If you can manage to buy organic greens, you’ll get more blend for your buck. Organic produce is grown in soil amended only by composted animal manures and naturally occurring rock minerals, so the roots soak up a full spectrum of essential micro-nutrients not available in synthetically fertilized, non-organic produce. Also, organic fruits, vegetables, and greens are not treated with toxic herbicides, fungicides, and insecticides which your body stores in fat cells-making more if necessary-in an effort to protect your vital organs from the toxins.

Although buying everything organic at the store is cost-prohibitive for our large family, we found a local food co-op through which to order organic produce in bulk, making it equal to the cost of regular produce from the grocery store. To find a similar resource near you, ask your local health food store or Weston Price Foundation chapter leader about the availability of co-ops (see www.westonaprice.org for chapter listings).

Another source for organic foods is local farmers who participate in community supported agriculture (CSA). As a CSA participant, you reserve a weekly box of organic, seasonal veggies and greens. The produce is fresh-picked rather than shipped a thousand or more miles, and you support local agriculture in the process-all for less cost to you than the grocery store.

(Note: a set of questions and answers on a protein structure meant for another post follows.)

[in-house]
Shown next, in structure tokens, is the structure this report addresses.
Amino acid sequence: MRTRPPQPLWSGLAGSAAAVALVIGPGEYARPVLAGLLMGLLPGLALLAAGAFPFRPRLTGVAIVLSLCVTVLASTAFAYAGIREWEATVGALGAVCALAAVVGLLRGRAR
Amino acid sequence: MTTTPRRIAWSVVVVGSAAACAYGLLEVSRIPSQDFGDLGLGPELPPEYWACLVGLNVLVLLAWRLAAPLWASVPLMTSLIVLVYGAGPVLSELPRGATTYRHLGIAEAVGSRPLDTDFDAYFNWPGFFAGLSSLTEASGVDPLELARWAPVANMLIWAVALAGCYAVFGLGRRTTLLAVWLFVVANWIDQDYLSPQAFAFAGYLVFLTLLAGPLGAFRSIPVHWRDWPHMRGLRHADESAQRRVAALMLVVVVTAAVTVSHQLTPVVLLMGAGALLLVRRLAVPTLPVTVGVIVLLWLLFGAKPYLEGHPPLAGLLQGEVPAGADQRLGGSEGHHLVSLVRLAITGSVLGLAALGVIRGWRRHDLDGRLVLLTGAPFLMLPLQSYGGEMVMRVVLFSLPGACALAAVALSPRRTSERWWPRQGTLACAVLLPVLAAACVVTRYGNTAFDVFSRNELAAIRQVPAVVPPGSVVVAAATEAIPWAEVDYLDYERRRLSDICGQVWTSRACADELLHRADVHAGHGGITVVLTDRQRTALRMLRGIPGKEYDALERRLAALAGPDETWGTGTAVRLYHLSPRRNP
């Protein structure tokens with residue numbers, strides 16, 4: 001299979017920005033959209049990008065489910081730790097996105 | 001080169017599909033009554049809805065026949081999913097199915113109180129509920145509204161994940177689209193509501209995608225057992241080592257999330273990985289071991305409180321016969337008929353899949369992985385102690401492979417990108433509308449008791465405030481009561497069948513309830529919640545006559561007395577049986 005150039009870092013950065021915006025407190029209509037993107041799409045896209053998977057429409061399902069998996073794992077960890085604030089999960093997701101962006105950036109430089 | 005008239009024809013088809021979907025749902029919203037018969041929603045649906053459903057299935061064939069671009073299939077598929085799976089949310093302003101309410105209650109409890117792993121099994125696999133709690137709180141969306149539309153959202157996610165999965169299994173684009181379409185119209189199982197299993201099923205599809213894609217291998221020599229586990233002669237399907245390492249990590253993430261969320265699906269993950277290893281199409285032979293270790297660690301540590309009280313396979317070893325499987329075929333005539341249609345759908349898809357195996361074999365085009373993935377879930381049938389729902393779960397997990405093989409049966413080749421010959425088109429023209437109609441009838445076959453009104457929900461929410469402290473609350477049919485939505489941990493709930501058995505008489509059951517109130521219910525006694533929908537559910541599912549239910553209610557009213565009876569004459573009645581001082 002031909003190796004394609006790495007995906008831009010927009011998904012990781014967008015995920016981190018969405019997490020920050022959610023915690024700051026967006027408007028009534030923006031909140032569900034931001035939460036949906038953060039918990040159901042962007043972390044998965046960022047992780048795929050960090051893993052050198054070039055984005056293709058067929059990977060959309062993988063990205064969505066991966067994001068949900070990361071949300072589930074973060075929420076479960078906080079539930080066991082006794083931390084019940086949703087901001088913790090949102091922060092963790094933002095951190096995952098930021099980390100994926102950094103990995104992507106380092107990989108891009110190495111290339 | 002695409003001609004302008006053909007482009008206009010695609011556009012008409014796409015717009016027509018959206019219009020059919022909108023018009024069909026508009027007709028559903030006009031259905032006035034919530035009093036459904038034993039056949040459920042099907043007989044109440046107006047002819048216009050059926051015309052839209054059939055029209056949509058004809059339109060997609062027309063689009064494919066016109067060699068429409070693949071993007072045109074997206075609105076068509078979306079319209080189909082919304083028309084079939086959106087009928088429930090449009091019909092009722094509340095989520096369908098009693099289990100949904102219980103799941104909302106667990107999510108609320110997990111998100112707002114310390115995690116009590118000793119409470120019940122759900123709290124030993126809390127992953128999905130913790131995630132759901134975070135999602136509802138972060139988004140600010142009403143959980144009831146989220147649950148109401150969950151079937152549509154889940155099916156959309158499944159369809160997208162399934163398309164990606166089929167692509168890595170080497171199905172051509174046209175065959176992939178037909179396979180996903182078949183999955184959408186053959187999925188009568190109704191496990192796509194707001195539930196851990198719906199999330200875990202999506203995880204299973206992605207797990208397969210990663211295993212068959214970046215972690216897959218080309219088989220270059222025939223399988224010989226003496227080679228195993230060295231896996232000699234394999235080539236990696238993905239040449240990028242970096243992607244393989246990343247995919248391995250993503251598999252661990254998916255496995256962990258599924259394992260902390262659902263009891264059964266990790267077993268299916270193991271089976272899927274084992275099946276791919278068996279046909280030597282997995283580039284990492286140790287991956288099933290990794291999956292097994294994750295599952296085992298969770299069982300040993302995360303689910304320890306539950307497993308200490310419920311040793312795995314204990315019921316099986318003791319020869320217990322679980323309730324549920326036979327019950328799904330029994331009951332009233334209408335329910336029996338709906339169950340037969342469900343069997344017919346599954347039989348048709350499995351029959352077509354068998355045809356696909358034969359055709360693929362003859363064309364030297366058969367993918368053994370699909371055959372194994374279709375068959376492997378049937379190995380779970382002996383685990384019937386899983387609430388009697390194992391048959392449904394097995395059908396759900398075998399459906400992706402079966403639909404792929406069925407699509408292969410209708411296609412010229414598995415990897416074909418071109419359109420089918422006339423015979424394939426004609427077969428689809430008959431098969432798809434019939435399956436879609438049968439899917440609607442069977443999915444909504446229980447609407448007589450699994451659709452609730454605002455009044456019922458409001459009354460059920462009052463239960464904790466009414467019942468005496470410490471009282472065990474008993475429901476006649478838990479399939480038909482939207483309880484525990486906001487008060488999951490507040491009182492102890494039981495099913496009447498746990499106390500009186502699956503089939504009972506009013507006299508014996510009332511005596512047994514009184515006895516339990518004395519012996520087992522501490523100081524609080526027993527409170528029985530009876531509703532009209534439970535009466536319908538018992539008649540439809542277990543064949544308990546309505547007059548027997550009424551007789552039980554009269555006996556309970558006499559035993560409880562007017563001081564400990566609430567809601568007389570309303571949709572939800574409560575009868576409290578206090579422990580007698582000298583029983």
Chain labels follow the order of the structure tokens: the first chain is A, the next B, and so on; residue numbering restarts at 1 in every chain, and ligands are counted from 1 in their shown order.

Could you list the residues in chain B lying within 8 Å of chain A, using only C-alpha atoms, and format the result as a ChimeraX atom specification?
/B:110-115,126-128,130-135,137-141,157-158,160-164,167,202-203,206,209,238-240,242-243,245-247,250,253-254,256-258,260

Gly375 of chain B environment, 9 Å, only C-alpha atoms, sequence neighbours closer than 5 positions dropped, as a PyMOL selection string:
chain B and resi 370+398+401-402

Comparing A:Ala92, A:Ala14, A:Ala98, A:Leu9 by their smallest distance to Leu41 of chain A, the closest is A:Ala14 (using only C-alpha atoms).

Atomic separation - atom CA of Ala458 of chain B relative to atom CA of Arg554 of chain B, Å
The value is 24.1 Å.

Then, too, you can grow your own greens, either in a garden or by sprouting them in your house. Keep in mind that herbs are greens and are easy to grow indoors year round. Try to use open-pollinated, heirloom seeds rather than those that have been genetically modified.

The ultimate organic source is wildcrafting, the art of finding edible plants growing naturally since nature’s offerings are the most nutritious of all. If your lawn isn’t chemically treated, you’ll probably find an abundant source of plantain and dandelion greens out your front door, particularly in the springtime. Did you know, for instance, that a half cup of wild violet leaves contains the same amount of vitamin C as found in four oranges? It’s important to learn wildcrafting before you try it, though, to make sure you can accurately identify the plants before eating them (Google “wildcrafting” and browse the many online guides and book recommendations).

Green Gobblin’

To get your green smoothie life started, pull out the blender and try one of these:

Raw Family Wild Banango
Blend well:
2 Cups lambsquarters (plantain, chickweed or other weed)
1 Banana
1 Mango
2 Cups water
Yield: 1 quart of smoothie

Victoria‘s Favorite
Blend well:
6 Leaves of red leaf lettuce
Bunch of fresh basil
Lime (juiced)
Red onion
2 Celery sticks
2 Cups water
Yield: 1 quart of smoothie

These are only two of the more than 20 delicious recipes in Victoria Boutenko’s book (available from www.rawfamily.com). Once you get going, you’ll also want to create your own. Vary them from day to day so you get the most well-rounded nutrition and keep your taste buds entertained. With yummy green smoothies, even the pickiest eaters will enjoy this change for the better.